The EU's Southern Neighbourhood [What Think Tanks are thinking]

31-07-2015

The European Union's relations with Mediterranean countries form part of a broader European Neighbourhood Policy. This creates a framework for bilateral and regional cooperation with Algeria, Egypt, Israel, Jordan, Lebanon, Libya, Morocco, Palestine, Syria and Tunisia. A key element, agreed in 2011 following the 'Arab Spring' uprisings in the region, is the 'more for more' approach, which envisages closer relations in terms of financial assistance, travel and trade for those countries that pursue democratic and economic reforms. According to many analysts, the effectiveness of the policy has been challenged by political instability in many countries of the region and the growth of illegal migration to Europe. This 'At a glance' note highlights a selection of recent studies by major international think tanks on the EU's Southern Neighbourhood Policy, with papers on migration grouped as a separate category.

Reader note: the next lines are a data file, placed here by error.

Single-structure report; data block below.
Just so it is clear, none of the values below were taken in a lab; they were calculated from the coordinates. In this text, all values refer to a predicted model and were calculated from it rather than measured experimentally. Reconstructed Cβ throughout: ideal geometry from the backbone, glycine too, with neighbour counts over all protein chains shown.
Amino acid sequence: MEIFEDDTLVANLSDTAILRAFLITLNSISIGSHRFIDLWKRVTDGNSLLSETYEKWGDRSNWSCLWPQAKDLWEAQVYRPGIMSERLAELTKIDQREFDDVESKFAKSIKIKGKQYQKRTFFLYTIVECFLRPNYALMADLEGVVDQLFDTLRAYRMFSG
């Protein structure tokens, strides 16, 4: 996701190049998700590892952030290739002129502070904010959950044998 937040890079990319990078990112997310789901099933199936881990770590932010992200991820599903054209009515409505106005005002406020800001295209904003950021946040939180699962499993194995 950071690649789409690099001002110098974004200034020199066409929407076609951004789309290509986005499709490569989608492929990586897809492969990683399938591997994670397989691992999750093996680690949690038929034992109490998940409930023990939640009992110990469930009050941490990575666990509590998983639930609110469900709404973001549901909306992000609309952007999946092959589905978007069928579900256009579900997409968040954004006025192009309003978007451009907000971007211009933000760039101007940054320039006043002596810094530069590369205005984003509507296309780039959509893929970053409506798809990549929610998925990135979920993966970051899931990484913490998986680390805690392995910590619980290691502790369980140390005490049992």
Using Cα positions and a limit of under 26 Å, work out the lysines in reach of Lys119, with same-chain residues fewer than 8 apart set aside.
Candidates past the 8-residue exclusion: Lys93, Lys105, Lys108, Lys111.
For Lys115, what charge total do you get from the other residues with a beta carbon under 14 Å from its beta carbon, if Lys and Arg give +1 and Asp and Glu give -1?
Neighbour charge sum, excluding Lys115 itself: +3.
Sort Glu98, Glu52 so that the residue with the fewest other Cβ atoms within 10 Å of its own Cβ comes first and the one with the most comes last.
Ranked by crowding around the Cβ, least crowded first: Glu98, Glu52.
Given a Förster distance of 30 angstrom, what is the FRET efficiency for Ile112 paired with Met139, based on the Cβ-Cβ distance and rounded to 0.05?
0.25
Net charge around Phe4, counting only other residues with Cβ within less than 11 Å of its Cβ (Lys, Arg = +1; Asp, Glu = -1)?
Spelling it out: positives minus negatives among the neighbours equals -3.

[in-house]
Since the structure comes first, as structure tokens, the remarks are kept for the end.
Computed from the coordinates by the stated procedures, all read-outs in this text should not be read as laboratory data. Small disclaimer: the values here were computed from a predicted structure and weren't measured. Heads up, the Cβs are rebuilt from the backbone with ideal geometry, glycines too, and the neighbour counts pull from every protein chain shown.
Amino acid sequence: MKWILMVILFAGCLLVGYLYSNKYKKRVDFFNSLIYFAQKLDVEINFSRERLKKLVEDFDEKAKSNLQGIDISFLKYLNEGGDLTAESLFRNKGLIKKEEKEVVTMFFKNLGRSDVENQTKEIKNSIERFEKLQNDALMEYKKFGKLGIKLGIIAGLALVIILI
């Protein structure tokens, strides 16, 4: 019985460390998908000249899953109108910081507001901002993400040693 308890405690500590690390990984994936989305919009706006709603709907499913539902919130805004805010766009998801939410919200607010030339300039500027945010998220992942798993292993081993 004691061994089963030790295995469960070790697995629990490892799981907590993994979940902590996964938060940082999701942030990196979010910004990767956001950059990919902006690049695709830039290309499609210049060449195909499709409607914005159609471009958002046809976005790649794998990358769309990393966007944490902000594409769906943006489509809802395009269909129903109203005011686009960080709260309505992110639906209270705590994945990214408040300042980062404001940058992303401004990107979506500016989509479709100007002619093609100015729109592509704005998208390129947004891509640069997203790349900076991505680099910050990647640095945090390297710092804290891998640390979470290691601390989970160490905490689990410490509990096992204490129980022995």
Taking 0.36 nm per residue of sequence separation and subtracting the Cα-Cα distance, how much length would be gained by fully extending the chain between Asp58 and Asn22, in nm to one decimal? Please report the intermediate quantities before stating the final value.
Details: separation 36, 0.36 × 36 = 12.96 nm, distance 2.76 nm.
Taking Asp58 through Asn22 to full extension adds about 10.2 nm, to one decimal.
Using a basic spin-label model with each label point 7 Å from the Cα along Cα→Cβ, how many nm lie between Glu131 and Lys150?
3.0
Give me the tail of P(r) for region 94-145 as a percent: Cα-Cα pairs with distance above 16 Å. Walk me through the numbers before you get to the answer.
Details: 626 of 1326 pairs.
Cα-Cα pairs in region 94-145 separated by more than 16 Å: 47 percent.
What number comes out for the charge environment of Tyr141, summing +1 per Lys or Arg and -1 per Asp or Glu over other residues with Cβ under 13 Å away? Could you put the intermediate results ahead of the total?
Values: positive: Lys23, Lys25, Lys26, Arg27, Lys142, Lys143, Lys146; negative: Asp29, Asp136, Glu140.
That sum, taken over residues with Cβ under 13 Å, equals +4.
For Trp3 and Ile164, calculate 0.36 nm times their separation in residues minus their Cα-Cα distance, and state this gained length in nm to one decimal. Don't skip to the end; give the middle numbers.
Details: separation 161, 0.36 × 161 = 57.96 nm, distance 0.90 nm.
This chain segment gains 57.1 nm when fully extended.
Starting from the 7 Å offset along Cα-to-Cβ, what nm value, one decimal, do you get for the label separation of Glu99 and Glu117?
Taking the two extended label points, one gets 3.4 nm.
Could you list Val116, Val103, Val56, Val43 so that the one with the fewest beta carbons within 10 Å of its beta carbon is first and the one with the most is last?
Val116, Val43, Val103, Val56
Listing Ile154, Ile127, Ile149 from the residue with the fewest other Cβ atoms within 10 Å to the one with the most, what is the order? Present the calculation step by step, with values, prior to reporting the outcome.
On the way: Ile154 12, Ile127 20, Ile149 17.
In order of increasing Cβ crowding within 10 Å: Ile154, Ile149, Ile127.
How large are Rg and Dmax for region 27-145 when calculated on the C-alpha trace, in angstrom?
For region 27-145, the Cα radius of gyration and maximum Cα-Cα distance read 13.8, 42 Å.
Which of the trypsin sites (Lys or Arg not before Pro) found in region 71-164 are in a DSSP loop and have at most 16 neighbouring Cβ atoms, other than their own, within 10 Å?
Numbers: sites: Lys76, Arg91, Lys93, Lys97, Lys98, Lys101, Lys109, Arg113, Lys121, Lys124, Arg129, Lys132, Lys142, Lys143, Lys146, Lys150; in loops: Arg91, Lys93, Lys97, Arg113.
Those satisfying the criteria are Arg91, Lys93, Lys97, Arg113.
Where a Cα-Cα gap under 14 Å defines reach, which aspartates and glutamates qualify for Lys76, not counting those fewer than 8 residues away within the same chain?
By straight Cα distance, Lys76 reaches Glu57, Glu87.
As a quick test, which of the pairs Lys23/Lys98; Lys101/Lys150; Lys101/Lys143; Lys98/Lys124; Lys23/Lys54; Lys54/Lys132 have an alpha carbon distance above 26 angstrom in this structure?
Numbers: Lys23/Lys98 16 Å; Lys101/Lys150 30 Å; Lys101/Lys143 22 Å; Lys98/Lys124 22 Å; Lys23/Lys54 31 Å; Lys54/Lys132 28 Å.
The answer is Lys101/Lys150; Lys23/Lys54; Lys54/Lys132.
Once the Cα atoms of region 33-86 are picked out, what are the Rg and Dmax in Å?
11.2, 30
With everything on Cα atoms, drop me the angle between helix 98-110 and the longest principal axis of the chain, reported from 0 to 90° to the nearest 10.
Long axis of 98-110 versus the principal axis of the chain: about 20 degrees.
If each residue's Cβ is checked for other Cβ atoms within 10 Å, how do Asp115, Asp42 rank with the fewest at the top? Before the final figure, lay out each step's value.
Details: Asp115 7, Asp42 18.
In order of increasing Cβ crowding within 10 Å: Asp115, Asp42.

The European Union's relations with Mediterranean countries form part of a broader European Neighbourhood Policy. This creates a framework for bilateral and regional cooperation with Algeria, Egypt, Israel, Jordan, Lebanon, Libya, Morocco, Palestine, Syria and Tunisia. A key element, agreed in 2011 following the 'Arab Spring' uprisings in the region, is the 'more for more' approach, which envisages closer relations in terms of financial assistance, travel and trade for those countries that pursue democratic and economic reforms. According to many analysts, the effectiveness of the policy has been challenged by political instability in many countries of the region and the growth of illegal migration to Europe. This 'At a glance' note highlights a selection of recent studies by major international think tanks on the EU's Southern Neighbourhood Policy, with papers on migration grouped as a separate category.